The SiMES is a population-based cross-sectional study of Malay subjects residing in Singapore; the study procedures have been described elsewhere. 12 23 24 Briefly, an age-stratified random sampling procedure was used to select Singaporean Malays aged 40 to 80 years. 8 Of the 4168 eligible participants from the sampling frame, 3280 (78.7%) participated. Sociodemographic and medical data were recorded with a standardized questionnaire that has previously been described. 8 The study was conducted in accordance with the Declaration of Helsinki. Ethics approval was obtained from the Singapore Eye Research Institute Institutional Review Board. Data for the study include only participants with a presenting visual acuity in the better eye < 6/12 (or 6/12 or better with restricted fields) from any cause. 
Visual Functioning
Visual functioning was assessed with the VF-11 which has been used previously and changed to suit the local cultural context—namely for Chinese Singaporeans. 25 Item relevancy was decided in a pilot study of the VF-14 in patients who had cataract surgery in Singapore, and the questions were adapted to suit the local cultural context. 26 Briefly, 11 visual functioning questions, modified from the VF-14, 22 were used to assess the level of difficulty in performing daily activities (Table 1) . Nine of the VF-11 scale items were rated on a numeric scale ranging from 0 (no difficulty) to 4 (unable to perform activity). The remaining two driving items had three response options (1, no difficulty; 2, a little difficulty; 3, a great difficulty).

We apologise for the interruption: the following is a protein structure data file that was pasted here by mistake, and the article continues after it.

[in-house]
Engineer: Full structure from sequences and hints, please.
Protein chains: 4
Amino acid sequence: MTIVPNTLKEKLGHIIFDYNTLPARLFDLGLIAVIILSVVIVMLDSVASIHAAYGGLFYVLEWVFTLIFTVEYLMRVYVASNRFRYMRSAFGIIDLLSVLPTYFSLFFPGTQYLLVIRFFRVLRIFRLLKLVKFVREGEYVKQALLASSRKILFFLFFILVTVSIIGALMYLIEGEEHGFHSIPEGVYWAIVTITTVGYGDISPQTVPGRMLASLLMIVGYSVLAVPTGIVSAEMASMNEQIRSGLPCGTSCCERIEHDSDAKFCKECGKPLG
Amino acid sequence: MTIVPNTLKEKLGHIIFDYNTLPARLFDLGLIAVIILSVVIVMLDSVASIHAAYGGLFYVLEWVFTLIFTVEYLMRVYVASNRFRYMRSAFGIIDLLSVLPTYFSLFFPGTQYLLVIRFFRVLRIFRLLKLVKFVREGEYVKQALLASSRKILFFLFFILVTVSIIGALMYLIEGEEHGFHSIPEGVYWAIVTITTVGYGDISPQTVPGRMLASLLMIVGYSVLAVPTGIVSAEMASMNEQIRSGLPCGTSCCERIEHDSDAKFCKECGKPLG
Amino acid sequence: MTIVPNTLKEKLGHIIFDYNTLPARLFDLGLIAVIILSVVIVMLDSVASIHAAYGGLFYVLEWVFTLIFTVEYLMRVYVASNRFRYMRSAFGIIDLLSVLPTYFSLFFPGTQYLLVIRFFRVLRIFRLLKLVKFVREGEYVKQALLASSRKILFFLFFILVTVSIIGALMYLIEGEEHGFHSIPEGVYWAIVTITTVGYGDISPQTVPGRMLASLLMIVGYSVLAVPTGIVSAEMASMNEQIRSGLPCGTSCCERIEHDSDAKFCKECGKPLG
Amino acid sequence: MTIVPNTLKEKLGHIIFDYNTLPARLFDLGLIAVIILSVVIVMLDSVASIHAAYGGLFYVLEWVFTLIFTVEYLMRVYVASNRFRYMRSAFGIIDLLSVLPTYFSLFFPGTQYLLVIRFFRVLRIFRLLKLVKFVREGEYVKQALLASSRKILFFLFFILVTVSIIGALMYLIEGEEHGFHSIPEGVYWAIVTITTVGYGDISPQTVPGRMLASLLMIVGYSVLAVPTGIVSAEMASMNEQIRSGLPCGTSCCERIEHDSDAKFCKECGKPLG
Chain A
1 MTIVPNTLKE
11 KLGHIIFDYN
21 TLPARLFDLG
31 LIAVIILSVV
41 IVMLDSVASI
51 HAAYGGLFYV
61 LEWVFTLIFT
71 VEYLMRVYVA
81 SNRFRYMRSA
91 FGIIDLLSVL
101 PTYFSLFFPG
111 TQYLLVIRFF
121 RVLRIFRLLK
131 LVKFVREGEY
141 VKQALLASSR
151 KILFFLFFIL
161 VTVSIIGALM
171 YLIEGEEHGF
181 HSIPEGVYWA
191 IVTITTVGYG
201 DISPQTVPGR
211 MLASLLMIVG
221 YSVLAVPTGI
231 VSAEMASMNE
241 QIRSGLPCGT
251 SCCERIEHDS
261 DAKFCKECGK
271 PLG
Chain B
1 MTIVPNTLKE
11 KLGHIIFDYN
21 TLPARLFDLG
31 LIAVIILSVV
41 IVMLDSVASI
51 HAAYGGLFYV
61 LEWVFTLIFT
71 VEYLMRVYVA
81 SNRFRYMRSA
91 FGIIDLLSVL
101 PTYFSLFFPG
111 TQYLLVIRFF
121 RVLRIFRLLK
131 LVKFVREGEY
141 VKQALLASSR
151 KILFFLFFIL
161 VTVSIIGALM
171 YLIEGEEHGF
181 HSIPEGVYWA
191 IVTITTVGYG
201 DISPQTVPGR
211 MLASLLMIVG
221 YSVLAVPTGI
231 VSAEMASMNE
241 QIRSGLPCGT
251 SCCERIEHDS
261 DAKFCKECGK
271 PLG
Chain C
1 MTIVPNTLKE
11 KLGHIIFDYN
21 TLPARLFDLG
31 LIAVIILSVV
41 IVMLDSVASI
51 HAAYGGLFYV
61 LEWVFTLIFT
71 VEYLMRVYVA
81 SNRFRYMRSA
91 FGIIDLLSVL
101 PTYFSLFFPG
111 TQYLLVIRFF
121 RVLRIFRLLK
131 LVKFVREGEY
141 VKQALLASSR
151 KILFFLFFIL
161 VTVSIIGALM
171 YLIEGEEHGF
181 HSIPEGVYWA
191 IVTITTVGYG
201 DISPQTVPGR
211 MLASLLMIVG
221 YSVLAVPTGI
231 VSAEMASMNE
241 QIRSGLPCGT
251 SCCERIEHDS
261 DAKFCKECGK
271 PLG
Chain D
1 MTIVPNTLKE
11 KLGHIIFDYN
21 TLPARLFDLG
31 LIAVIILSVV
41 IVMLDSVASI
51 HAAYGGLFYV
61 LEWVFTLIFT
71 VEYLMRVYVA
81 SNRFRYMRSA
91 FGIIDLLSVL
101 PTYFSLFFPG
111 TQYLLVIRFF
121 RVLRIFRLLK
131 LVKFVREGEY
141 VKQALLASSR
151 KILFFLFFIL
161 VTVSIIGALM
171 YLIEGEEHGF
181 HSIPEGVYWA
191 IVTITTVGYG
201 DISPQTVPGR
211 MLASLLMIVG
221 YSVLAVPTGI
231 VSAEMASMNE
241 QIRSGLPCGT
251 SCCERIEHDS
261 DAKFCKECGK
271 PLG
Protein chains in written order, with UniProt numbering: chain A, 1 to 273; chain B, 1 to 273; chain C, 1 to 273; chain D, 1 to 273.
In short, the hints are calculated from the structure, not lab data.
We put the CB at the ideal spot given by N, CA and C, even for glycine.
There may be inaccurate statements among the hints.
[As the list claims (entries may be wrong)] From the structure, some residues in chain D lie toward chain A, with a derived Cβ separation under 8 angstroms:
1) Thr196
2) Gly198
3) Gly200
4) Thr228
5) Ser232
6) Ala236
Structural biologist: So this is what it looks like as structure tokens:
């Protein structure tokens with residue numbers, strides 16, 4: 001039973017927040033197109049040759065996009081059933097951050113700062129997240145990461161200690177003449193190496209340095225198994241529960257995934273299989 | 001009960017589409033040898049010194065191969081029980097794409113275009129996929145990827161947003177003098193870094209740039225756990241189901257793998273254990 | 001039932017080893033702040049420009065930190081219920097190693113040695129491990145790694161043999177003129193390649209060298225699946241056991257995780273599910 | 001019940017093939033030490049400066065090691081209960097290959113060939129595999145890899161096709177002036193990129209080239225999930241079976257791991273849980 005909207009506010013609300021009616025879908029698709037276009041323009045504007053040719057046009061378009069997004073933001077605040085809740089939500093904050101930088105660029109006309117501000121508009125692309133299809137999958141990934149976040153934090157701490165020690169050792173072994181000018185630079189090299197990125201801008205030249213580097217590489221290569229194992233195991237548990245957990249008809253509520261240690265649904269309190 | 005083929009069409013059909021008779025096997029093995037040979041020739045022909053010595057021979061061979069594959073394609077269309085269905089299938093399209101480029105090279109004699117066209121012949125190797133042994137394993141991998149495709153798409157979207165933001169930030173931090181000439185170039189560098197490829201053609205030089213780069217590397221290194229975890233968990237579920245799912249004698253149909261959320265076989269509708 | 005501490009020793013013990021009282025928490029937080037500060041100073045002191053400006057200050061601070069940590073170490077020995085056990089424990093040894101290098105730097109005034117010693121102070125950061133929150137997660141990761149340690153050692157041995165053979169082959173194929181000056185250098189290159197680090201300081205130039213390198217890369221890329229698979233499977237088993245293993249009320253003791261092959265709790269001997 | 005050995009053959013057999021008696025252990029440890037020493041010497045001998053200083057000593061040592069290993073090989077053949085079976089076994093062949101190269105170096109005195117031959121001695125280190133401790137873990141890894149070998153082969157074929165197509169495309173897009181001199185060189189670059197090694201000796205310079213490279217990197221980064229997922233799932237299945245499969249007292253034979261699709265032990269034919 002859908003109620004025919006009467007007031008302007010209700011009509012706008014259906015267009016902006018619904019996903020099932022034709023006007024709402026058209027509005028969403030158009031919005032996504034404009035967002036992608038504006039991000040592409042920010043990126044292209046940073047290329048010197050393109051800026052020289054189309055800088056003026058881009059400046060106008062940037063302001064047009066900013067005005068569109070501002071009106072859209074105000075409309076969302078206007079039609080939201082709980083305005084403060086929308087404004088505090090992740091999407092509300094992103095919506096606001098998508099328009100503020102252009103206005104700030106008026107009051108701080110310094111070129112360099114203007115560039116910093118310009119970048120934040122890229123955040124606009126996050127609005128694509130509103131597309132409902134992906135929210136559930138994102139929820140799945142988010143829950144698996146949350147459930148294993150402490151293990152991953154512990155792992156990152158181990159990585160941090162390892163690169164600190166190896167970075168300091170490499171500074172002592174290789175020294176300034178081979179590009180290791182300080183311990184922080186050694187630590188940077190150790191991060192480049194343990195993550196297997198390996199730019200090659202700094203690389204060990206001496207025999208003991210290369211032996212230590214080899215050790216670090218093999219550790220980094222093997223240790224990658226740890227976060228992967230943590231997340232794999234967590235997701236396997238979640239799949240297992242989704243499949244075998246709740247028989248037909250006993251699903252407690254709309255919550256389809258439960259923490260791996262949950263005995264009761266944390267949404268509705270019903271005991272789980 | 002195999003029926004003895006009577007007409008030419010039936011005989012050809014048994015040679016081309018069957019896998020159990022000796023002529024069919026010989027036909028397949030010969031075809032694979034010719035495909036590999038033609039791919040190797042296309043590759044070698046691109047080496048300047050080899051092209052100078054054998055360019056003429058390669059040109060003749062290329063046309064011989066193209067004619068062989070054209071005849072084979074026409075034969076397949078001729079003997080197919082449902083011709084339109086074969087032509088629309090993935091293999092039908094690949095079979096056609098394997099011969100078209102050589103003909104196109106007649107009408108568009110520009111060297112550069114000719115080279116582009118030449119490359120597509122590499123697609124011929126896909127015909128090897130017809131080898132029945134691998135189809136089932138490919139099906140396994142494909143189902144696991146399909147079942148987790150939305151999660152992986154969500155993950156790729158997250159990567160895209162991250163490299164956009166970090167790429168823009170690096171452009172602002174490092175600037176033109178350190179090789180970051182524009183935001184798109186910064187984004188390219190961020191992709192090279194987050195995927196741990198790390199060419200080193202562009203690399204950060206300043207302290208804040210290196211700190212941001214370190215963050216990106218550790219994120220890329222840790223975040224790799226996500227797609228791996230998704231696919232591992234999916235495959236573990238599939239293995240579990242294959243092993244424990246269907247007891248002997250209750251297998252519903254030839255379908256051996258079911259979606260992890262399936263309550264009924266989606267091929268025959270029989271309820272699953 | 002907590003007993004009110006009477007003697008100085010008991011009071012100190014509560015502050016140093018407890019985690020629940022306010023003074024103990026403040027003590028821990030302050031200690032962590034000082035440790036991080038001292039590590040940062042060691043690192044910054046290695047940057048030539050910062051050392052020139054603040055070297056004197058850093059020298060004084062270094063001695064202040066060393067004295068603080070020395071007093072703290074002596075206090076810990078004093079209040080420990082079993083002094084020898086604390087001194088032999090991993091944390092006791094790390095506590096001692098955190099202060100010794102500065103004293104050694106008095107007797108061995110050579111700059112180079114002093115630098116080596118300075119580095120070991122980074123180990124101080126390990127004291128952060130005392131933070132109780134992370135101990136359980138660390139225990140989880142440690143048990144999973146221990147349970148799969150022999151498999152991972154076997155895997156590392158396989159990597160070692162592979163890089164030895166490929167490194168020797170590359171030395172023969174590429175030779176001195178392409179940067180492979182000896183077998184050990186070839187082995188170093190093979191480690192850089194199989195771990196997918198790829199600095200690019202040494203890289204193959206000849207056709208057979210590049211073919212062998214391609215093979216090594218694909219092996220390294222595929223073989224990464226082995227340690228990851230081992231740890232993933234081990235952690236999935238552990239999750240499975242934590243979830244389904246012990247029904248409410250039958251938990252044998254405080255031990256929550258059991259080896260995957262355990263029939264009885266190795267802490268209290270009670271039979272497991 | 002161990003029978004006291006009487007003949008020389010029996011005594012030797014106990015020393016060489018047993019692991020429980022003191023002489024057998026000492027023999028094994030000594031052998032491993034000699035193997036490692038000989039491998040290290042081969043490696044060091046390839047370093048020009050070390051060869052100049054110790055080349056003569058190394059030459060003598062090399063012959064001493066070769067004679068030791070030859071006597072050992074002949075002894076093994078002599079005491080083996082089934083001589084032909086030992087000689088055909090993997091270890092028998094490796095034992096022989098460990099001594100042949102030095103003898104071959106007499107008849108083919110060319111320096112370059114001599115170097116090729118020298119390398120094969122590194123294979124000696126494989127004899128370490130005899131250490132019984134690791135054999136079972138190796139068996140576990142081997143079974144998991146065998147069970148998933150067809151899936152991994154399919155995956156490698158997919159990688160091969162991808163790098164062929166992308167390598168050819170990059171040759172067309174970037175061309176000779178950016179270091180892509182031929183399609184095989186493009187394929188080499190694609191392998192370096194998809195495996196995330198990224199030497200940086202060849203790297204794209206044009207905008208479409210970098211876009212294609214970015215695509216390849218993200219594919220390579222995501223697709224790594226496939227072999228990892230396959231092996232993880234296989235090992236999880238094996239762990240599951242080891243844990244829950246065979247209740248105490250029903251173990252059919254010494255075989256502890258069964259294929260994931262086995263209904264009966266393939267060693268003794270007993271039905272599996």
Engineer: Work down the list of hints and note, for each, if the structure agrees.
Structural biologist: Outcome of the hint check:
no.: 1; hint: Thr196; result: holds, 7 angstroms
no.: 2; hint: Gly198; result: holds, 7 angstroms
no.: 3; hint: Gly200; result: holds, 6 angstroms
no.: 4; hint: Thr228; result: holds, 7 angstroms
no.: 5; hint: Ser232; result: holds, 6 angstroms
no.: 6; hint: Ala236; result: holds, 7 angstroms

Trained research assistants conducted face-to-face interviews in Malay and/or English. The questionnaire was translated into Malay and back-translated into English by two different interpreters conversant in both Malay and English. During administration, the participant was given a choice of being interviewed in either Malay or English. All interviewers were fluently bilingual. With the participant’s consent, randomly selected interviews were recorded for periodic review by the investigators for quality control purposes. 
Rasch Analysis
Rasch analysis was undertaken to determine specific aspects of validity, reliability, and measurement of the VF-11. We used Rasch analysis software (RUMM2020, 2003; RUMM Laboratory, Perth Australia) and the Andrich rating scale to determine whether the data fit the Rasch model. 27 Content validity was evaluated by using person and item fit residual statistics, where it is expected that the mean and SD values approximate 0 and 1, respectively. An overall item–trait interaction score (χ2) with a statistically nonsignificant Bonferroni-adjusted α value indicates fit to the model and that hierarchical ordering of the items (i.e., from difficult to easy) is consistent across all levels of visual functioning. An estimate of overall scale functioning is the person separation reliability (PSR) index. 28 This estimate is closely linked to the targeting of the scale, as it differentiates the number of statistically distinct groups of respondents that can be identified on the trait. 29 A PSR index of 0.7 determined by the RUMM software is the equivalent of a G value of 1.5, representing the ability to distinguish two distinct strata of person ability. 29 30 A value of 0.9 is equivalent to a G value of 3, with the ability to distinguish four strata of person ability. PSR indices (similar to Cronbach’s α) of ≥0.7 are suitable for group use. 31